Good Photography Habits to Infuse in 2016

Good photography habits are difficult to infuse in once’s photography, as compared to making bad habits. Whether it’s the way in by which you always approach a subject or a camera setting you always forget to check, a habit can be irritating and have an impact on the enjoyment you get from taking photos. Let’s put a permanent stop to all those habits.

Below are the few practices that i used to follow, but now with the beginning of 2016 i have decided to put an end to all these practices.

Click First & Fix Later

With the introduction of cutting edge software’s for image enhancements, it is becoming very difficult to portrait the original image taking capabilities. Why do we need those software? Why not take the perfect image in the start? Why not to get more understanding of your camera and it’s capabilities. I am not a very staunch supporter of imagining software until one is needed to purposely induce the artificial effect which are needed by someone. Most of the photographers i know and my self (Being Honest) believed in clicking the images in “Raw Format” and then getting the images modified by an imaging software which at times is needed, but should not be a mandate. Most of times photographers shooting “Raw Images” automatically become so much habitual in modifying original images which in the longer run takes the entire originality in their work for a toss.

Experiment a little with Shutter Speed

We all started with auto mode in our camera’s and there is no shame in admitting it. No one is born perfect, you always have to strive to become one. This year i would be experimenting a lot with the “Manual Mode“, especially with the shutter speed. Be honest, how many times have you pressed the shutter with a touch of ‘I’m sure it’ll be fine’ in mind? And how many times you have you ditched soft photos where the shutter speed clearly wasn’t fast enough when you took the shot?

Clearly, there’s no harm in experimenting with slower shutter speeds. What’s is the worst that can happen? You lose the odd frame here and there?

Start Cleaning Your Camera

No rocket science, it’s plain simple logic. Dirty camera leads you to dirty images and vice versa. Make sure to clean you camera after every photo shoot, especially the one which you are doing outdoors. You wont even believe that a minute particle on your lens can hamper your image to a great extent. A few minutes spent cleaning your camera sensor can prevent hours cloning dust spots from your photos. You can find a lot of cleaning kit’s that too in affordable price on Amazon. And on top pf it, if you don’t keep your camera and lenses in tip-top condition, you reduce their value when it comes to trading them in or selling them on the secondhand market which you will always do when you upgrade.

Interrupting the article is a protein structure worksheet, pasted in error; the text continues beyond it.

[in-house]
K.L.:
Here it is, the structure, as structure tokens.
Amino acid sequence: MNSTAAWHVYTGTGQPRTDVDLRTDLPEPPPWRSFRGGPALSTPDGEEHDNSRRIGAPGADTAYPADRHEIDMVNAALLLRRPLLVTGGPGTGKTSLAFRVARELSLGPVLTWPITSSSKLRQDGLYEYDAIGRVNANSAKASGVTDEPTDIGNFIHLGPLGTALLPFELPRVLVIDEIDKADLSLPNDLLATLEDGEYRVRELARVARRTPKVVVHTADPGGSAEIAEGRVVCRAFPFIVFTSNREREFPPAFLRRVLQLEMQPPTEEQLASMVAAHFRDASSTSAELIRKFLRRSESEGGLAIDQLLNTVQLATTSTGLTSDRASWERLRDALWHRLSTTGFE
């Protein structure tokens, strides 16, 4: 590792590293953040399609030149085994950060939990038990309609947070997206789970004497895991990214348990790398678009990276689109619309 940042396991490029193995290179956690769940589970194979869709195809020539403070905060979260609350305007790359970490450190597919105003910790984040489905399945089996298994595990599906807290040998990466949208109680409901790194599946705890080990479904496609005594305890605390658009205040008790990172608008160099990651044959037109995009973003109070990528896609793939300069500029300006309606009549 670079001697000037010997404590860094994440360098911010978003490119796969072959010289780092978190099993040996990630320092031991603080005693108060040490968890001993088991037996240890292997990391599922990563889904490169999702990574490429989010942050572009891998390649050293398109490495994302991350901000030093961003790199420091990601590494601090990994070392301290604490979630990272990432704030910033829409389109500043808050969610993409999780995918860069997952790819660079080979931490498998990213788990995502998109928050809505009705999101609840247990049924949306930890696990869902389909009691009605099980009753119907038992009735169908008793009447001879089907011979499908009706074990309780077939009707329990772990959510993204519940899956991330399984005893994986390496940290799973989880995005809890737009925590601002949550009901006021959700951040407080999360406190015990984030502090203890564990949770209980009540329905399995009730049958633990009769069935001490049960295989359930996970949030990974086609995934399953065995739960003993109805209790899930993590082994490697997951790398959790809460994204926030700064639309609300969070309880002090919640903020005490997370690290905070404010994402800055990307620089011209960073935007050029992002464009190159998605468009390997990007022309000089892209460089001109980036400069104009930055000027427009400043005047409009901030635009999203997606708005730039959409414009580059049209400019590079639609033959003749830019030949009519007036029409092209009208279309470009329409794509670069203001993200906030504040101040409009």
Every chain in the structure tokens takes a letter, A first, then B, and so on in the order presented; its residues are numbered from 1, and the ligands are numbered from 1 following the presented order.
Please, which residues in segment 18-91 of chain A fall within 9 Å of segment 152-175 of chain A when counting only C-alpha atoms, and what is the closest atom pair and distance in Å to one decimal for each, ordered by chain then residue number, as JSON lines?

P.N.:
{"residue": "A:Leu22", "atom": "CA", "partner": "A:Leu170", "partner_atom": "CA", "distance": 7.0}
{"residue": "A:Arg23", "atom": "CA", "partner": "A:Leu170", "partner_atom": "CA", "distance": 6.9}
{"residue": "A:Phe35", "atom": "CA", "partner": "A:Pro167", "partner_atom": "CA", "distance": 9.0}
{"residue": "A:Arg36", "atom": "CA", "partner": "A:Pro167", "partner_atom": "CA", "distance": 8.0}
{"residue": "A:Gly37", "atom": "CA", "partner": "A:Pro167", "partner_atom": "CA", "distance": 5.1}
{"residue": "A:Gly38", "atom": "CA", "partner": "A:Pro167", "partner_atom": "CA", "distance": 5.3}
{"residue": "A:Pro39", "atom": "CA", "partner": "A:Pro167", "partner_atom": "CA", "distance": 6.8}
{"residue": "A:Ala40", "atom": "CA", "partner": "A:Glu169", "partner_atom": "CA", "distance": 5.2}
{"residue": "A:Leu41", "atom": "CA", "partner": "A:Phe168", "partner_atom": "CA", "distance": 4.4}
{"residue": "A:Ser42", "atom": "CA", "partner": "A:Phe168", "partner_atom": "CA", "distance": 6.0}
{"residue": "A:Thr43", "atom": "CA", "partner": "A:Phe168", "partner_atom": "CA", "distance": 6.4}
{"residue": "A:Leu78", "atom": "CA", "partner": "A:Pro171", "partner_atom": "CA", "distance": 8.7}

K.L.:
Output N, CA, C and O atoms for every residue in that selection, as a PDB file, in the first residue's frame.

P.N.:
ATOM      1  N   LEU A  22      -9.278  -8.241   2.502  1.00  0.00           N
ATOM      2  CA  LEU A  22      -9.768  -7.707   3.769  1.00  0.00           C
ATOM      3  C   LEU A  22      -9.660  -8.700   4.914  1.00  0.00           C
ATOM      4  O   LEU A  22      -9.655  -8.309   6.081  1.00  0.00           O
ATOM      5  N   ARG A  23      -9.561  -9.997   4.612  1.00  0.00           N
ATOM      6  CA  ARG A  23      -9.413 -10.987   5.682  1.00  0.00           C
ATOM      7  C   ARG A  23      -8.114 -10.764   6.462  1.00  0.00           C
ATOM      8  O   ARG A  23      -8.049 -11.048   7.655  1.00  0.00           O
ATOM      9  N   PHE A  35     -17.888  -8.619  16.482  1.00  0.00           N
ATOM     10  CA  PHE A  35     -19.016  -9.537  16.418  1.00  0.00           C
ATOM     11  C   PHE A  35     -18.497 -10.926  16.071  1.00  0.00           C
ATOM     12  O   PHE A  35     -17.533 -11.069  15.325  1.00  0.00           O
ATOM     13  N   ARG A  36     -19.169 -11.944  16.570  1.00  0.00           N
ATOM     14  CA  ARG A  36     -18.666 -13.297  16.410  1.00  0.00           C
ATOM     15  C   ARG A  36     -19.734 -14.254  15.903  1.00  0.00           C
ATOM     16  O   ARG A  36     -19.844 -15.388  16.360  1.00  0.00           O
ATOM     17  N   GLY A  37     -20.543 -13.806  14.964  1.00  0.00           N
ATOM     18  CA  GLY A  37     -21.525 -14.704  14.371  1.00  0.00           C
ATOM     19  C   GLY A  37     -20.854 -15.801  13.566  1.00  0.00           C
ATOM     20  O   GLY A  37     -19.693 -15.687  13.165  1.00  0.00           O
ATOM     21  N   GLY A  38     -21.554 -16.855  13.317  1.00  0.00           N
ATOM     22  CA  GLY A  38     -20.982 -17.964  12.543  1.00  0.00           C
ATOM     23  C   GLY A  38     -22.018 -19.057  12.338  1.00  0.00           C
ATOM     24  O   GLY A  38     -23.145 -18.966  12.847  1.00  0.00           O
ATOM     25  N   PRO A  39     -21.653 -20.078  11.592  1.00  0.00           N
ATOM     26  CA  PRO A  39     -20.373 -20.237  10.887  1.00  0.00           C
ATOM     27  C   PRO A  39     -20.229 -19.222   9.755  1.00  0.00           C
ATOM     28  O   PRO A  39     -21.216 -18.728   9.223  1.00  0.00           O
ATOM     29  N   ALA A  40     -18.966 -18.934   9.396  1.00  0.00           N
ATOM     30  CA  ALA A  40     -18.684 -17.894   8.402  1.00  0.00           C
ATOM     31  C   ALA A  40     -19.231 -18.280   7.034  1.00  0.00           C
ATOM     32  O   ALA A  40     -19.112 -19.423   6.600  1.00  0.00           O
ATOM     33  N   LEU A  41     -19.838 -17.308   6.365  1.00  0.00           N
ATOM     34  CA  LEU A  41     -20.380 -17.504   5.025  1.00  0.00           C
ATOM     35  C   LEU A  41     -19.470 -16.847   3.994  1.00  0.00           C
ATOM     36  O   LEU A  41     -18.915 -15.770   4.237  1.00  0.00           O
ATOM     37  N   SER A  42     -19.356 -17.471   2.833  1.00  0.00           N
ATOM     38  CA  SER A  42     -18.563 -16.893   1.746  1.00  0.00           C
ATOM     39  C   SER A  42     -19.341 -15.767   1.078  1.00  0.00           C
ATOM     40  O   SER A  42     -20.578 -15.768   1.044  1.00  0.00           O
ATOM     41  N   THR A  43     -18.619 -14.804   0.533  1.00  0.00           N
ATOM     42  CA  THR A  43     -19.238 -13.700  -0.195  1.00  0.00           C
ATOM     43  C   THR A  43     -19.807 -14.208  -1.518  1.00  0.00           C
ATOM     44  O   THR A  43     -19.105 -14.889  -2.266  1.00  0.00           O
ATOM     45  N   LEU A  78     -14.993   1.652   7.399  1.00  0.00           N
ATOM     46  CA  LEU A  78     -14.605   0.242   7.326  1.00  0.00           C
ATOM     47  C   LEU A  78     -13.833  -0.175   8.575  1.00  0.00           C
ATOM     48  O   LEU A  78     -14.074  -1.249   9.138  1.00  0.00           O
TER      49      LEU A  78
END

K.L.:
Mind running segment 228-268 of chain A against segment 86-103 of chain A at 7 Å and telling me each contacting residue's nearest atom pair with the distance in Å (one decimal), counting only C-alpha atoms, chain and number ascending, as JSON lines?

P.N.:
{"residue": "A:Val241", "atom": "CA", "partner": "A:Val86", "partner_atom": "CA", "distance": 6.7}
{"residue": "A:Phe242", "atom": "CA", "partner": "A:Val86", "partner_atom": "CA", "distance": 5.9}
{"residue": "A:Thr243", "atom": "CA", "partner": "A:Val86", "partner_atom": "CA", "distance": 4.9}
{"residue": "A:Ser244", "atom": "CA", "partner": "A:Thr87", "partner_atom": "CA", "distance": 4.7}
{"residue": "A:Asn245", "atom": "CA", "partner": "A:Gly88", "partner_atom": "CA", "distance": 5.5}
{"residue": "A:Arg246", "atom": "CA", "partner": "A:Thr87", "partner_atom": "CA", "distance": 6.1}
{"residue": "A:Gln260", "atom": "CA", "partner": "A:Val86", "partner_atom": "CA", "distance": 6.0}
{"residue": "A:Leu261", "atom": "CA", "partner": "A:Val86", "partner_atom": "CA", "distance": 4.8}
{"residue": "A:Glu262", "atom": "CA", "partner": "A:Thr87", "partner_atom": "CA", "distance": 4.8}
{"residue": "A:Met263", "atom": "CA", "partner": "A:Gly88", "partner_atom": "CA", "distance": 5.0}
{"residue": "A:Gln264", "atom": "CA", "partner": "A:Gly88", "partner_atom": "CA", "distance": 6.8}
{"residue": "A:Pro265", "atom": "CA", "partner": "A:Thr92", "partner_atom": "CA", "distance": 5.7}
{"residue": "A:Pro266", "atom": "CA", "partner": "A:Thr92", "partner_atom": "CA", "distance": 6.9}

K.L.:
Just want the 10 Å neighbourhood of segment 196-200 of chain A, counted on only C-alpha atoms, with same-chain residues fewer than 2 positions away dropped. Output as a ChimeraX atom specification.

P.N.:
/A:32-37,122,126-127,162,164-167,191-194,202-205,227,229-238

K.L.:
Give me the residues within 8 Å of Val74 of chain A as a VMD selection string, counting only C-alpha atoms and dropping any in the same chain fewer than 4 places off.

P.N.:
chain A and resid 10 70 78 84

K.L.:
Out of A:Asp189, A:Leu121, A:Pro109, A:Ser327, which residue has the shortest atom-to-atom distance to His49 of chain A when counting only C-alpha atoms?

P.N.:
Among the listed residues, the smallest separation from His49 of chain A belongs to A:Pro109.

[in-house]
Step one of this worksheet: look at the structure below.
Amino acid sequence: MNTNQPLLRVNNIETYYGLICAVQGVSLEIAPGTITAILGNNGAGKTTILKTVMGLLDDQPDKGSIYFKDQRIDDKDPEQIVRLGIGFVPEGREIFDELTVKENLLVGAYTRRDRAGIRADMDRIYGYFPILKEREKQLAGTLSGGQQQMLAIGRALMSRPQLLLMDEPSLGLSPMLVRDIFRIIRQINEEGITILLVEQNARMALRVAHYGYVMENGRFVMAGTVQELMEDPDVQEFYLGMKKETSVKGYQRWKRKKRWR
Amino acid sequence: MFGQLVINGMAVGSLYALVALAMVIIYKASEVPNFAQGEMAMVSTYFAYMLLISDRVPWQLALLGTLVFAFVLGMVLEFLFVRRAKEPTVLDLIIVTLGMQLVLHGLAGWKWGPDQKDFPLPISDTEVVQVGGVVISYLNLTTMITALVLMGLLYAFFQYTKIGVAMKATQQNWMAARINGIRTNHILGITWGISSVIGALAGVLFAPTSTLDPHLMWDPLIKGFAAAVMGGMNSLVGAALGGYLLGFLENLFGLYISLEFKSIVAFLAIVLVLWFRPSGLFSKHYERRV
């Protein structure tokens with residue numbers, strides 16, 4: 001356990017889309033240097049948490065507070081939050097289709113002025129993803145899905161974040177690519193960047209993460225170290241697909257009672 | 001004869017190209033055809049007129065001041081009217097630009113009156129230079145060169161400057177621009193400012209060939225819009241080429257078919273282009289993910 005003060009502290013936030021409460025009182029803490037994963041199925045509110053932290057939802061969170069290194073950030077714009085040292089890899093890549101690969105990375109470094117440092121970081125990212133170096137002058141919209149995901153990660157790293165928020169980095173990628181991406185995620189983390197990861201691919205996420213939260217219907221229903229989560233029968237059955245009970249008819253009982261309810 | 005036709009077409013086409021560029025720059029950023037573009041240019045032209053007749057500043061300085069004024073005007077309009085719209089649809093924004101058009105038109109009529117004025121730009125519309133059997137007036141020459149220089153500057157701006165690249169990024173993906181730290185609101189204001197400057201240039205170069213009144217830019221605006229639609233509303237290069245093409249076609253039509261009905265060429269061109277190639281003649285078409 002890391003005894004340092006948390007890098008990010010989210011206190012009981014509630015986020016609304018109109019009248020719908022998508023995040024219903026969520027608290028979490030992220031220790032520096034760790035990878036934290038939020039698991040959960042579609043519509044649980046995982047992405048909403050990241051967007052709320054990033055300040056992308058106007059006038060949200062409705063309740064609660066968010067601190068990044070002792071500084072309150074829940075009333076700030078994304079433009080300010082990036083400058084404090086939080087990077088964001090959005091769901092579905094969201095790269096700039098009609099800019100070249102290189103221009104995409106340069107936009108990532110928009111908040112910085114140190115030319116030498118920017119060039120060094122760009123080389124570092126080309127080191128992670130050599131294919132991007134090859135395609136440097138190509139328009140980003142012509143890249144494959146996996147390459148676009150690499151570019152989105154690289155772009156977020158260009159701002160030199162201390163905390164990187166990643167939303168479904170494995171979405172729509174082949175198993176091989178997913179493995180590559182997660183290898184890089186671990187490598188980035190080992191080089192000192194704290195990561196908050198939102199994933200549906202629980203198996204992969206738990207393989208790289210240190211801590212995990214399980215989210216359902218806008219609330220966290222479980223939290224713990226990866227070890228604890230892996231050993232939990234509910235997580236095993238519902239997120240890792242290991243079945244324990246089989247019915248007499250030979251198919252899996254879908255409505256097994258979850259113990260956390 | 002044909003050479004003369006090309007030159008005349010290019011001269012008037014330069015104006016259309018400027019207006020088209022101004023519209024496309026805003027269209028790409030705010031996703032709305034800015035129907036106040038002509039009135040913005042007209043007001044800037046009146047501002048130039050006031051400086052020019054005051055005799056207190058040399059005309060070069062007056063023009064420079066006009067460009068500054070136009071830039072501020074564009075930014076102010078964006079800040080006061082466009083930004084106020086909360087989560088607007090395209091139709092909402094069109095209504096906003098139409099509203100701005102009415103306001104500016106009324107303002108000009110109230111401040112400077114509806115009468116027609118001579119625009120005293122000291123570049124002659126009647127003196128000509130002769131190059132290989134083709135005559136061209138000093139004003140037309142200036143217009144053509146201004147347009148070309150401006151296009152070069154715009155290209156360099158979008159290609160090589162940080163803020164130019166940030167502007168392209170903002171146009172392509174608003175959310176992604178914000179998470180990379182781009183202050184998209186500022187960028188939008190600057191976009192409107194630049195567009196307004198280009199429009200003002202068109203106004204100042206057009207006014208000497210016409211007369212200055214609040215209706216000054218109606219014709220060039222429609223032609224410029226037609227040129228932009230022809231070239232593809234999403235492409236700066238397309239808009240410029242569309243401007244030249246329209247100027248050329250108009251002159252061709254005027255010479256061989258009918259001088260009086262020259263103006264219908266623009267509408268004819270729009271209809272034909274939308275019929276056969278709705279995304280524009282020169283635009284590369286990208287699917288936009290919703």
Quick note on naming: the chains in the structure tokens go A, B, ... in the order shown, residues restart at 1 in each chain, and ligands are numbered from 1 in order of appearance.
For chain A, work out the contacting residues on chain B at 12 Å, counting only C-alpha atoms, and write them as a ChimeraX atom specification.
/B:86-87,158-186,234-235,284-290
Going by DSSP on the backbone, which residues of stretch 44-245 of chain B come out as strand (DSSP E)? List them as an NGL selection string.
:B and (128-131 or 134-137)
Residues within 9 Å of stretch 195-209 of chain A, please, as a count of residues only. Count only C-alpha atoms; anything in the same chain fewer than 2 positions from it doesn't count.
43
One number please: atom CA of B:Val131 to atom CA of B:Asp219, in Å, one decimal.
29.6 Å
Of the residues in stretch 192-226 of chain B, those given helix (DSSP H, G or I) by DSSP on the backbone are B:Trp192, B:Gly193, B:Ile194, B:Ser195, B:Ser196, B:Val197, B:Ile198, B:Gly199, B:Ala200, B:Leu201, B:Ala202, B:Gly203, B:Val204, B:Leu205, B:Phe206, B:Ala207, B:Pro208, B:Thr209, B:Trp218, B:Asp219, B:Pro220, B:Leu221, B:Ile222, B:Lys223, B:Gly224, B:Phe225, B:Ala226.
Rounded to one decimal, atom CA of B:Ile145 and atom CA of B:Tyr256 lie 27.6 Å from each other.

Do Not Blame the Camera For Poor Results

I hate this and when ever i get to hear any comments regarding the images which are not as per expectations, especially the beginners with DSLR blaming the equipment, i go bonkers. I do not know where i read or saw this, but “Every monkey with a DSLR thinks he is a photographer”. Getting to know your equipment is the first thing that anyone should learn before starting photography. Who, at some point, hasn’t blamed their camera gear for not delivering the results – or used it as an excuse for not taking a shot? Although there are some areas of photography that can benefit from specialist tools – such as long lenses for wildlife photography or close-up kit for macro pictures – that doesn’t mean you can’t think outside the box and try an alternative approach.

Regular Backup of Your Pictures

Please please please do this. I literally gad to spend a fortune to recover my image bank of 10 GB when my laptop’s hard disk crashed. the images were so important that spending a fortune was OK, But could have i avoided this? Yes by having a backup of the image bank that i had. But you only learn when you fall and i took a fall, pretty bad one. Now i keep my entire image bank in my laptop along with the an external hard disk. If you are looking at making photography as a hobby or career i would advise you to get a data drive especially for this. Some of the data disk companies offer data recovery for free, do not think to try them, purchase the product. To ensure that your photos aren’t lost forever, back them up regularly. And then do it again. And again. Three back-ups of your photo collection, each of which uses a different type of storage in a different location, is the best form or security

It might seem like overkill, but your future self will thank you!

 

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